National Academies Press: OpenBook
Suggested Citation:"Front Matter." National Academies of Sciences, Engineering, and Medicine. 2018. Science Breakthroughs to Advance Food and Agricultural Research by 2030. Washington, DC: The National Academies Press. doi: 10.17226/25059.
×
Page R1
Suggested Citation:"Front Matter." National Academies of Sciences, Engineering, and Medicine. 2018. Science Breakthroughs to Advance Food and Agricultural Research by 2030. Washington, DC: The National Academies Press. doi: 10.17226/25059.
×
Page R2
Suggested Citation:"Front Matter." National Academies of Sciences, Engineering, and Medicine. 2018. Science Breakthroughs to Advance Food and Agricultural Research by 2030. Washington, DC: The National Academies Press. doi: 10.17226/25059.
×
Page R3
Suggested Citation:"Front Matter." National Academies of Sciences, Engineering, and Medicine. 2018. Science Breakthroughs to Advance Food and Agricultural Research by 2030. Washington, DC: The National Academies Press. doi: 10.17226/25059.
×
Page R4
Suggested Citation:"Front Matter." National Academies of Sciences, Engineering, and Medicine. 2018. Science Breakthroughs to Advance Food and Agricultural Research by 2030. Washington, DC: The National Academies Press. doi: 10.17226/25059.
×
Page R5
Suggested Citation:"Front Matter." National Academies of Sciences, Engineering, and Medicine. 2018. Science Breakthroughs to Advance Food and Agricultural Research by 2030. Washington, DC: The National Academies Press. doi: 10.17226/25059.
×
Page R6
Suggested Citation:"Front Matter." National Academies of Sciences, Engineering, and Medicine. 2018. Science Breakthroughs to Advance Food and Agricultural Research by 2030. Washington, DC: The National Academies Press. doi: 10.17226/25059.
×
Page R7
Page viii Cite
Suggested Citation:"Front Matter." National Academies of Sciences, Engineering, and Medicine. 2018. Science Breakthroughs to Advance Food and Agricultural Research by 2030. Washington, DC: The National Academies Press. doi: 10.17226/25059.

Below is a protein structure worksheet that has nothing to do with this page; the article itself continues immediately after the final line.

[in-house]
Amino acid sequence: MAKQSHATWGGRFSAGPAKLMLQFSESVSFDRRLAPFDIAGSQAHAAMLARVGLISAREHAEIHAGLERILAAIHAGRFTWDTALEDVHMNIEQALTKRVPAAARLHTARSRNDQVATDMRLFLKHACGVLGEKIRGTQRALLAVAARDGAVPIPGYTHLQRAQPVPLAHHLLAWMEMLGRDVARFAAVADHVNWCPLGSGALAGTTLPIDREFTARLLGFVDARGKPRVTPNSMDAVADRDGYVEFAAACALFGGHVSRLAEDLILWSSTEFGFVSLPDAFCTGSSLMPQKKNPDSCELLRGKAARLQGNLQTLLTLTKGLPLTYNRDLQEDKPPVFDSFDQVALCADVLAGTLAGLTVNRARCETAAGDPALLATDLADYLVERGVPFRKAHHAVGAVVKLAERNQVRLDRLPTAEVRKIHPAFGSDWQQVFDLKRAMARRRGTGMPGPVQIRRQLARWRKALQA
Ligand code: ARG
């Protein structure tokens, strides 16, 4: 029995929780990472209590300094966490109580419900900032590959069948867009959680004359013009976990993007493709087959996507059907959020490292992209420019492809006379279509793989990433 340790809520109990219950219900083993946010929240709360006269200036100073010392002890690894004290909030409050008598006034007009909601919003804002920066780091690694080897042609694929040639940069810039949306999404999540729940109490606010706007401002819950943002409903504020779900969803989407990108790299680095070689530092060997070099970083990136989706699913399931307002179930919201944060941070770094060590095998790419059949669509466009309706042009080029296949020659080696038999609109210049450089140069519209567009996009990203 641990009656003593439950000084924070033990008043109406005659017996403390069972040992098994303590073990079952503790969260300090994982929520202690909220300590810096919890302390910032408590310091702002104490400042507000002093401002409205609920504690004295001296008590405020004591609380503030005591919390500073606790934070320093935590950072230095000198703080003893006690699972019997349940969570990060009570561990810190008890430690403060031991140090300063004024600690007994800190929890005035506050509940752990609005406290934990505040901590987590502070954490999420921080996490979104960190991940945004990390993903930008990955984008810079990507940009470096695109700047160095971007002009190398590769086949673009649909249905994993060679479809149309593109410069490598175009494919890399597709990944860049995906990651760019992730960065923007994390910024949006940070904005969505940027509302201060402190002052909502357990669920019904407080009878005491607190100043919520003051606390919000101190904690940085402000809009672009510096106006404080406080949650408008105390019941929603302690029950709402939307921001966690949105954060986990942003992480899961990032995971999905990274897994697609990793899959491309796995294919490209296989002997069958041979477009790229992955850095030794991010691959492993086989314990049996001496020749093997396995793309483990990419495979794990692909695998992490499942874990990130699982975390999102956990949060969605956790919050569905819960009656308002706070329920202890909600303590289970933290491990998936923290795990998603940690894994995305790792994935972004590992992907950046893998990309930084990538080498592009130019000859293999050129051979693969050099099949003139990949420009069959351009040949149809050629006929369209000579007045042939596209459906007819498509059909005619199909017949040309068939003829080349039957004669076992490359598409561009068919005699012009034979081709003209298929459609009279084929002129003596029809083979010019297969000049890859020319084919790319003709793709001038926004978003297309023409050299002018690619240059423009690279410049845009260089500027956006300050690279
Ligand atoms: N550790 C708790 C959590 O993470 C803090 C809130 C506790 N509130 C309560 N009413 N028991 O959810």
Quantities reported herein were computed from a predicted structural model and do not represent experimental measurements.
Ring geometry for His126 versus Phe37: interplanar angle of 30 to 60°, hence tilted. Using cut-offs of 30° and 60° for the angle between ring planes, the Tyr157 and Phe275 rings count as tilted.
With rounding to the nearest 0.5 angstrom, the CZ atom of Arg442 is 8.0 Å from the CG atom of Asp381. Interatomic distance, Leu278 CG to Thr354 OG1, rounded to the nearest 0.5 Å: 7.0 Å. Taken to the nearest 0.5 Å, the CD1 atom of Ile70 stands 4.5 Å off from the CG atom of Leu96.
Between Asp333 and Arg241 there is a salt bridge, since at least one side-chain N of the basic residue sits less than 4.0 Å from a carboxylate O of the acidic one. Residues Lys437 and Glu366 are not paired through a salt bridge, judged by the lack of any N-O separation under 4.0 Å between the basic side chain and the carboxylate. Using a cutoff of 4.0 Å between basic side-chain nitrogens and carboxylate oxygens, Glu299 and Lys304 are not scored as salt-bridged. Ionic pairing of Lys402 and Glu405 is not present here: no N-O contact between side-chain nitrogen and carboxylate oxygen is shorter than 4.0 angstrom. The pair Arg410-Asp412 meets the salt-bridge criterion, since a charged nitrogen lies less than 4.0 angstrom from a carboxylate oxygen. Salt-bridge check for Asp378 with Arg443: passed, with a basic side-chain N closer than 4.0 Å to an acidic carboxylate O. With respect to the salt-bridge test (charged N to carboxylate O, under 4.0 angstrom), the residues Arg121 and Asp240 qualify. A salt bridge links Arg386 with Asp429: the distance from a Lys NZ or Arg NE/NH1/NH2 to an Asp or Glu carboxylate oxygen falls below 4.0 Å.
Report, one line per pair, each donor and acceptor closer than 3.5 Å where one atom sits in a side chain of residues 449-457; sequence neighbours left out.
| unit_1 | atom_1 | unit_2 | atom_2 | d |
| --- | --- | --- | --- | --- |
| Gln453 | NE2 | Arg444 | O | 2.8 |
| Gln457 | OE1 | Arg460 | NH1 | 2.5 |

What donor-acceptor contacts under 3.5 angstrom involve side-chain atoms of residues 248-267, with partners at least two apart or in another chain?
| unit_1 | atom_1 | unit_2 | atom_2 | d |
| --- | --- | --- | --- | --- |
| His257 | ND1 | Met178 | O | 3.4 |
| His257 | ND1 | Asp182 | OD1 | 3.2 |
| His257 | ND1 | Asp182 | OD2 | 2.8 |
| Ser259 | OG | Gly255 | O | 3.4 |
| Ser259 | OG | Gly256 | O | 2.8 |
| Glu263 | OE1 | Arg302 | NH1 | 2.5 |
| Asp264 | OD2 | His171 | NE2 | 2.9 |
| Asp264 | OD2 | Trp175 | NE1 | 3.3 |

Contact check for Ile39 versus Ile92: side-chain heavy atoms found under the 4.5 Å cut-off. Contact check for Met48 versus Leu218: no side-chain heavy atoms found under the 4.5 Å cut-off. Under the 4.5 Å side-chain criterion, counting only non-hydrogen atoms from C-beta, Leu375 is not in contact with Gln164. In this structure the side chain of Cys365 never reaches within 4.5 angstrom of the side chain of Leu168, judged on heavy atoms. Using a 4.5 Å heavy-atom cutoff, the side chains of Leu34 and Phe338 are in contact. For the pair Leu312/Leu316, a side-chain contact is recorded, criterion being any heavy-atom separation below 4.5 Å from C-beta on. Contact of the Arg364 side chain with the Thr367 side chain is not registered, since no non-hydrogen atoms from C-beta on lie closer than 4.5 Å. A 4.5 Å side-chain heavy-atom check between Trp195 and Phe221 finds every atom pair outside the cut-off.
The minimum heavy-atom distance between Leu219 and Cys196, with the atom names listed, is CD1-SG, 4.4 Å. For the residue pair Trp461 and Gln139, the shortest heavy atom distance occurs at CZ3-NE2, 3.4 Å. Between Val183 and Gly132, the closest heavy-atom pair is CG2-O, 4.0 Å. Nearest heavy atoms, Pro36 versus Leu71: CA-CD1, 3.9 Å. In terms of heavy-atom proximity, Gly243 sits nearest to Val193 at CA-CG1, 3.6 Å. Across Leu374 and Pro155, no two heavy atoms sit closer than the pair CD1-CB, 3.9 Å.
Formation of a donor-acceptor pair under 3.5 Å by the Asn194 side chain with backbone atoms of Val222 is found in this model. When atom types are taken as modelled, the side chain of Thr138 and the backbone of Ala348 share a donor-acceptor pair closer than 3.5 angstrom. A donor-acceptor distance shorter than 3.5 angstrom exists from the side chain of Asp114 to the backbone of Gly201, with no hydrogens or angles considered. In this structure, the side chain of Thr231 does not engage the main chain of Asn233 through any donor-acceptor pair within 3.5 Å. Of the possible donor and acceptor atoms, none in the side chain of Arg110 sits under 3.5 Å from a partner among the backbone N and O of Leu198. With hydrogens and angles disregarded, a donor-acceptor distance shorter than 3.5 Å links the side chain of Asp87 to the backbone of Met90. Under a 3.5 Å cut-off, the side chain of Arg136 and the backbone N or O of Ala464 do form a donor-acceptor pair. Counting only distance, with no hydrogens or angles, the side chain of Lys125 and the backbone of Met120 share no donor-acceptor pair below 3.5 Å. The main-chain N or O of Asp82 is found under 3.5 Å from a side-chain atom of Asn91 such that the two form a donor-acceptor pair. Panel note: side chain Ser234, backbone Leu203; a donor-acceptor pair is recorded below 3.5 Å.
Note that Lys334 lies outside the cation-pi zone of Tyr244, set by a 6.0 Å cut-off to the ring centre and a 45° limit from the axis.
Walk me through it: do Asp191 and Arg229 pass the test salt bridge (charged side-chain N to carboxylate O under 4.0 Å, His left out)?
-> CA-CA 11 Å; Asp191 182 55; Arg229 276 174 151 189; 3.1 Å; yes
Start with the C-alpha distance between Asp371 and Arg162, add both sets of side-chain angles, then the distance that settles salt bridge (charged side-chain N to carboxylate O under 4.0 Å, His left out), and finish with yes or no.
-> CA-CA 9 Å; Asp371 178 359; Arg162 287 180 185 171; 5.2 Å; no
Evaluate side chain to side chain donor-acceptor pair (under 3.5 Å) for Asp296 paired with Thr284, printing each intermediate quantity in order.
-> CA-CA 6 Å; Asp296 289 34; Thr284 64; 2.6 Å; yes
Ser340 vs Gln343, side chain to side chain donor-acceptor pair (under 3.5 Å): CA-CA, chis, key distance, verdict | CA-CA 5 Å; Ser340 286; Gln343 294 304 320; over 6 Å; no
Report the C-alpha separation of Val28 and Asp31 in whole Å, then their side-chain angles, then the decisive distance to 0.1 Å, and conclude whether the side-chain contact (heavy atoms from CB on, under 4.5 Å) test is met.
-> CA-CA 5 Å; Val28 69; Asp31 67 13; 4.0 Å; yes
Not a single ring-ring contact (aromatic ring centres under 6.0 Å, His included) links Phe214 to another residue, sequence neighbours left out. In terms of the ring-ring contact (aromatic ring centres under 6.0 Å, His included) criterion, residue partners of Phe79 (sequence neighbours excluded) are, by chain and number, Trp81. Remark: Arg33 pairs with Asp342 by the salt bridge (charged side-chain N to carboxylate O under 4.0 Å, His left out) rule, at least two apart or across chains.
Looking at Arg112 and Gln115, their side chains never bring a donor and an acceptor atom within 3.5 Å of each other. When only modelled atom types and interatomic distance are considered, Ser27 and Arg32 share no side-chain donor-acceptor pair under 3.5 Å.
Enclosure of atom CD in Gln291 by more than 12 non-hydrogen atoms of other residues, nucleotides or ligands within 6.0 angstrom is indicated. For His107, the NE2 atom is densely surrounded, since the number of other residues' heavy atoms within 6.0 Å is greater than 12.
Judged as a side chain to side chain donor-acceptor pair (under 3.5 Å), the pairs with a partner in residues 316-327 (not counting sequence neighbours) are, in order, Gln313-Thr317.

×
Page R8
Suggested Citation:"Front Matter." National Academies of Sciences, Engineering, and Medicine. 2018. Science Breakthroughs to Advance Food and Agricultural Research by 2030. Washington, DC: The National Academies Press. doi: 10.17226/25059.
×
Page R9
Suggested Citation:"Front Matter." National Academies of Sciences, Engineering, and Medicine. 2018. Science Breakthroughs to Advance Food and Agricultural Research by 2030. Washington, DC: The National Academies Press. doi: 10.17226/25059.
×
Page R10

Below is the uncorrected machine-read text of this chapter, intended to provide our own search engines and external engines with highly rich, chapter-representative searchable text of each book. Because it is UNCORRECTED material, please consider the following text as a useful but insufficient proxy for the authoritative book pages.

PREPUBLICATION COPY Science Breakthroughs to Advance Food and Agricultural Research by 2030 Committee on Science Breakthroughs 2030: A Strategy for Food and Agricultural Research Board on Agriculture and Natural Resources Board on Atmospheric Sciences and Climate Board on Life Sciences Water Science and Technology Board Division on Earth and Life Studies Food and Nutrition Board Health and Medicine Division Board on Environmental Change and Society Division of Behavioral and Social Sciences and Education A Consensus Study Report of

THE NATIONAL ACADEMIES PRESS 500 Fifth Street, NW Washington, DC 20001 This study was supported by the Supporters of Agricultural Research Foundation (#201701), the U.S. Depart- ment of Agriculture, the National Institute of Food and Agriculture (#2017-38886-26911), the National Science Foundation (IOS-1747820), and the Department of Energy (DE-FOA-0001820), with additional funding from the Foundation for Food and Agriculture Research. Any opinions, findings, conclusions, or recommendations expressed in this publication do not necessarily reflect the views of any organization or agency that provided support for the project. Digital Object Identifier: https://doi.org/10.17226/25059 Additional copies of this publication are available for sale from the National Academies Press, 500 Fifth Street, NW, Keck 360, Washington, DC 20001; (800) 624-6242 or (202) 334-3313; http://www.nap.edu. Copyright 2018 by the National Academy of Sciences. All rights reserved. Printed in the United States of America Suggested Citation: National Academies of Sciences, Engineering, and Medicine. 2018. Science Breakthroughs to Advance Food and Agricultural Research by 2030. Washington, DC: The National Academies Press. doi: https://doi.org/10.17226/25059. Prepublication Copy